What It Means to be Student-Centered

April 4, 2018

Over the course of this semester, we have engaged in a series of discussions about our next strategic plan. These discussions have often focused on how we can become more student-centered as a College. During the process, we have established that "student-centeredness" must be one of our core values. 

While no one disputes the importance of serving our students' best interests, there have been some questions from members of the community such as "What specifically does it mean to be student-centered?" and "Aren't all educational institutions by their very nature student-centered?"

Although no college or university would ever admit that they are not student-centered, some have other priorities. For instance, research universities often put a premium on hiring world-renowned scholars and researchers, offering attractive endowed chairs and equipping their laboratories with large start-up packages. While it is very beneficial to have star researchers on campus, frequently only a limited number of students are fortunate enough to gain access to these individuals as mentors. Additionally, prominent researchers are usually hired for excellence in research and not necessarily for their teaching abilities. While you can certainly argue the value of such practices, they are indicators of a more faculty-centered school, rather than a student-centered one. 

I have also seen schools that I would regard as administration-centered. These schools are well-oiled machines that strive for operational efficiencies throughout their enterprise. They can be very cost effective and have organizations that are lean. Typically, they do not devote significant resources to faculty scholarship or to the student experience. They are the proverbial degree factories.

There are certainly many variations on the theme of centricity. I knew of one school whose president focused entirely on the development of the physical plant. He seemed to have an obsession with constructing new buildings with copper roofs and extensive rotundas. While this made for an attractive campus, the direct benefit to students and faculty was not immediately apparent.

So given all of these options, what then does it mean to be student-centered? To answer this question, we need to step back and put ourselves in the shoes of our students. We need to hear from them on their everyday experiences as they navigate their college years. As we gather this feedback, we see that student-centricity affects every component of the College.

A student-centric mentality should be evident from the moment a student first expresses interest in the College. Do we provide timely responses to their queries? How is the student and their family treated when they visit one of our campuses? Are their interactions with ACPHS faculty, staff, and students positive and engaging? It continues with their first day on campus. How easy is it for our students to get settled? How long does it take them to get their housing set? To get registered? Do they get locked out of classes?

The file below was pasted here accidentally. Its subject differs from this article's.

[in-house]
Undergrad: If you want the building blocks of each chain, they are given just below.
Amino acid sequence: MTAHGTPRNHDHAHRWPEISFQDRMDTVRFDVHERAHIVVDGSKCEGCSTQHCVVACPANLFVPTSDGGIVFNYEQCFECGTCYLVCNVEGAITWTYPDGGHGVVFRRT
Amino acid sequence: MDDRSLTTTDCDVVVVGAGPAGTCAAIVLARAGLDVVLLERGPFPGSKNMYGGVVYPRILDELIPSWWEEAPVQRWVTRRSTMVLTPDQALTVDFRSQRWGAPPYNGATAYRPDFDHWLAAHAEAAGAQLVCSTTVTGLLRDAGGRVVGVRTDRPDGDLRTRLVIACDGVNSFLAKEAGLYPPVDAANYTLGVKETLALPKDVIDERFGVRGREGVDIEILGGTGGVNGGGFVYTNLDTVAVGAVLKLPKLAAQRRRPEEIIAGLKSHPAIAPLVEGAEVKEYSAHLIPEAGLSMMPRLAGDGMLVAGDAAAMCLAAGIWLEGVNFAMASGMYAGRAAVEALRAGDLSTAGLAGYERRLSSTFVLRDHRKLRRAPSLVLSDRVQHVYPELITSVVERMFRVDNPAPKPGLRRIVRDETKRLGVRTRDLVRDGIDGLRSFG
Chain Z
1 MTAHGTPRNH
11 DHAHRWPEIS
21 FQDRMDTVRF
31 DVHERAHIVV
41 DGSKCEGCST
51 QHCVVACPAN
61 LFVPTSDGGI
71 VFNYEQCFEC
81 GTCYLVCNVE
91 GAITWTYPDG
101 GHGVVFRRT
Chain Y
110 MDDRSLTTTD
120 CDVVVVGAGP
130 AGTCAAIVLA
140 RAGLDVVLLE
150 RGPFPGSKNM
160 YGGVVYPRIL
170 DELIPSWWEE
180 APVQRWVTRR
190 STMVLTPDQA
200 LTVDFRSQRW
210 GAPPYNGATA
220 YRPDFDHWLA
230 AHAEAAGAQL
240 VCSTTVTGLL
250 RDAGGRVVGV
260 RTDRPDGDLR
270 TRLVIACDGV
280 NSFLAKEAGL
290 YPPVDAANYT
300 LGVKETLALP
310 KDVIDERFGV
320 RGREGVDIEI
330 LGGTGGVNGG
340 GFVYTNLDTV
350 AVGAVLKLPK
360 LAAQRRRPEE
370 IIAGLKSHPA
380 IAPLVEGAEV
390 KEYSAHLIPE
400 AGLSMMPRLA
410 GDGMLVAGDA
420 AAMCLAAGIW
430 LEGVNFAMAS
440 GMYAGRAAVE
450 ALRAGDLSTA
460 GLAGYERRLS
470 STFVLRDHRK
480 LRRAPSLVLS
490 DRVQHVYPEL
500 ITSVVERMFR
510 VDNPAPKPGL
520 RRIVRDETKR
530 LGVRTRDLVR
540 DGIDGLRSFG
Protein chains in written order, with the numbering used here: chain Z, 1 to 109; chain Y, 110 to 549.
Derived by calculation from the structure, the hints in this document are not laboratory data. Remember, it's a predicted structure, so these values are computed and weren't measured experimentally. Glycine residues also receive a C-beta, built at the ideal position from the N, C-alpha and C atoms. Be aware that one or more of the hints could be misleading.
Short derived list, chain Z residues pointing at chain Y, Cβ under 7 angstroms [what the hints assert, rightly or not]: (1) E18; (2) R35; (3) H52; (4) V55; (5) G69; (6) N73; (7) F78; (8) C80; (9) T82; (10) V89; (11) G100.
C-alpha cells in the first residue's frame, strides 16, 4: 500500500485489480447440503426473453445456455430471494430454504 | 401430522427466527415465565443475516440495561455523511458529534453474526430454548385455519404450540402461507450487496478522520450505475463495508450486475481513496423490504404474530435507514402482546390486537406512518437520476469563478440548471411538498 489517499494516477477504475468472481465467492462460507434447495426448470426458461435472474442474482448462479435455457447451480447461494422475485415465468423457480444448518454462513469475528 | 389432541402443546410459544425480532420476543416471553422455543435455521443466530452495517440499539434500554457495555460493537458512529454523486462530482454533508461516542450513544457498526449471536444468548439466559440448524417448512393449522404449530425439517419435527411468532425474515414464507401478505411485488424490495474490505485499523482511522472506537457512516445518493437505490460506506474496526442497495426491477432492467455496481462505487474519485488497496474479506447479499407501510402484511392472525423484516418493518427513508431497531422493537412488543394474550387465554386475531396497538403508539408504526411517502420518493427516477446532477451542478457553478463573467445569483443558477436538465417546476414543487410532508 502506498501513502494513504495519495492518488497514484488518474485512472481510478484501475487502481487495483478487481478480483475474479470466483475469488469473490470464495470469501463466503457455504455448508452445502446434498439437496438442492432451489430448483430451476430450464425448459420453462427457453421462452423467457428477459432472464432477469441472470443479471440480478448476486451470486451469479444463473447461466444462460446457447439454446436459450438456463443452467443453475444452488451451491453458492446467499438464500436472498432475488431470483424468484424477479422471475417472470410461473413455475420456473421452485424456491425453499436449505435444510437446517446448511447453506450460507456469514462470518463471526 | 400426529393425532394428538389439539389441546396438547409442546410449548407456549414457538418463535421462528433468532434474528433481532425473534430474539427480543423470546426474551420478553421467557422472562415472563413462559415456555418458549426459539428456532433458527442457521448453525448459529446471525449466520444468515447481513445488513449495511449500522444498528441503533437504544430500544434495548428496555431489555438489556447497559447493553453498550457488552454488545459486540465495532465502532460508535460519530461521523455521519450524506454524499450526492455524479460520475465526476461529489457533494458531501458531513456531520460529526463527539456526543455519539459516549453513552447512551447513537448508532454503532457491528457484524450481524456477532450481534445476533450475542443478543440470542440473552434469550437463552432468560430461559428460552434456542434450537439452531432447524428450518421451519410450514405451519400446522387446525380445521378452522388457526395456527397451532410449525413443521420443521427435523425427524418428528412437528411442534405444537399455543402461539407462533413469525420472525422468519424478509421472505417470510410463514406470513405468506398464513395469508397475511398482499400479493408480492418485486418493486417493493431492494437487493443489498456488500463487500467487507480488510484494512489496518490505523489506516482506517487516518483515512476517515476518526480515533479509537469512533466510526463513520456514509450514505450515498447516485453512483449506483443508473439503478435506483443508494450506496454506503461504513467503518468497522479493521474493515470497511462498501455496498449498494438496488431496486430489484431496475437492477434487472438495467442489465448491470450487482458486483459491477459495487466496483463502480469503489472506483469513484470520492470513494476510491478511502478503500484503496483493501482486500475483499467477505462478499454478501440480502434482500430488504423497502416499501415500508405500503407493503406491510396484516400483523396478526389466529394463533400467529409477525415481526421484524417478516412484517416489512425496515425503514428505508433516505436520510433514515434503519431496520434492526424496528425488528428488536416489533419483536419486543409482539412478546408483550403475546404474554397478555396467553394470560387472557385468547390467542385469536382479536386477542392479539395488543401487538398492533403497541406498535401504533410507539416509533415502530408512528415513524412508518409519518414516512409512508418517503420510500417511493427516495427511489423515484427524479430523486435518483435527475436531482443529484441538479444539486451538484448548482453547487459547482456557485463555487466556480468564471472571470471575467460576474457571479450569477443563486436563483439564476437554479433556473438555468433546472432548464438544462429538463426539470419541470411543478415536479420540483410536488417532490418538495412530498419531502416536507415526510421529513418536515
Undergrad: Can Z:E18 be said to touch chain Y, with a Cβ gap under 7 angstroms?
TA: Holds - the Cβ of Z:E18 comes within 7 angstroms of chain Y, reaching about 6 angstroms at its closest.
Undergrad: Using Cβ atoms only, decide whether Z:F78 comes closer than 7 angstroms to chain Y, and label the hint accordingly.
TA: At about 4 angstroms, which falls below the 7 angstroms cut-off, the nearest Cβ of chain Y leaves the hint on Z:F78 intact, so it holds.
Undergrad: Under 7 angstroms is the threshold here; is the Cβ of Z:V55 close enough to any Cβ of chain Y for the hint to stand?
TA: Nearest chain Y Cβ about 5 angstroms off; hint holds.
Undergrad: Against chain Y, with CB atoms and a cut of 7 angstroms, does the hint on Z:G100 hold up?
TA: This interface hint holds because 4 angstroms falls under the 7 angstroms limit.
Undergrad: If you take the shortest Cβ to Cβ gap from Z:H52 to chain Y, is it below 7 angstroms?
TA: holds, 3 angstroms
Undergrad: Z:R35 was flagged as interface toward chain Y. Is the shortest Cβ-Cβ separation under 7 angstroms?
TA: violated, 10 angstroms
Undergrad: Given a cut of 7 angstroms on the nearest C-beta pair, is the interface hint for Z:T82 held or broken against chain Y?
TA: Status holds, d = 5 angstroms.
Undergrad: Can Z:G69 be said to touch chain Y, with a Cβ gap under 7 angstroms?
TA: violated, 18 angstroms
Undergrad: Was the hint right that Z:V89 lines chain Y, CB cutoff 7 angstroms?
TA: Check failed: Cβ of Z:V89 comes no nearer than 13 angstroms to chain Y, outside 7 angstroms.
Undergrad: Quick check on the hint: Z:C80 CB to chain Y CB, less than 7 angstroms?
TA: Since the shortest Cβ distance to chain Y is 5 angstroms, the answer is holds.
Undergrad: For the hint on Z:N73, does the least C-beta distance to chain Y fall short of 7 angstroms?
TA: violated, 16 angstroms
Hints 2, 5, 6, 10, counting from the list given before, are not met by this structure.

This is only the beginning. When they enter a program, how easy is it for them to get oriented and to understand what the program has to offer? How accessible is the faculty advisor? How flexible is the curriculum? How do co-curricular activities pull together what happens in the classroom with what happens outside the classroom? What additional opportunities are open to students, whether they be study abroad, research experiences, summer internships, or specialized rotations? How accommodating are we to students who struggle or need remediation? 

It's also important to remember the student's social and personal development. This can be as critical to producing a positive college experience as their academic development. Do our extracurricular activities provide sufficient outlets for students' needs and interests? Are we providing an environment that opens students up to new ways of thinking and new world views? Do we offer the facilities and accommodations needed to support a robust social life on campus? 

Finally, we must keep an eye on our students' lives beyond college. Do we provide appropriate professional development? Do we provide proper career advice and mentoring? Do we go the extra mile to place students after college? Have we created alumni networks that give students entries into job opportunities? Do we provide adequate continuing educational experiences for our students?

This list of student-centered activities is not meant to be complete and exhaustive, rather the point is that being student-centered cuts across almost every aspect of the College. And just like student-centeredness begins before students take their first class, it does not stop on the day they receive their diplomas. Our community needs to be linked, not just by a common experience, but by a continuous engagement between past, present, and future generations of students. When we are able to realize this vision, we will truly be a student-centered college.

Greg Dewey, Ph.D., is President of Albany College of Pharmacy and Health Sciences.

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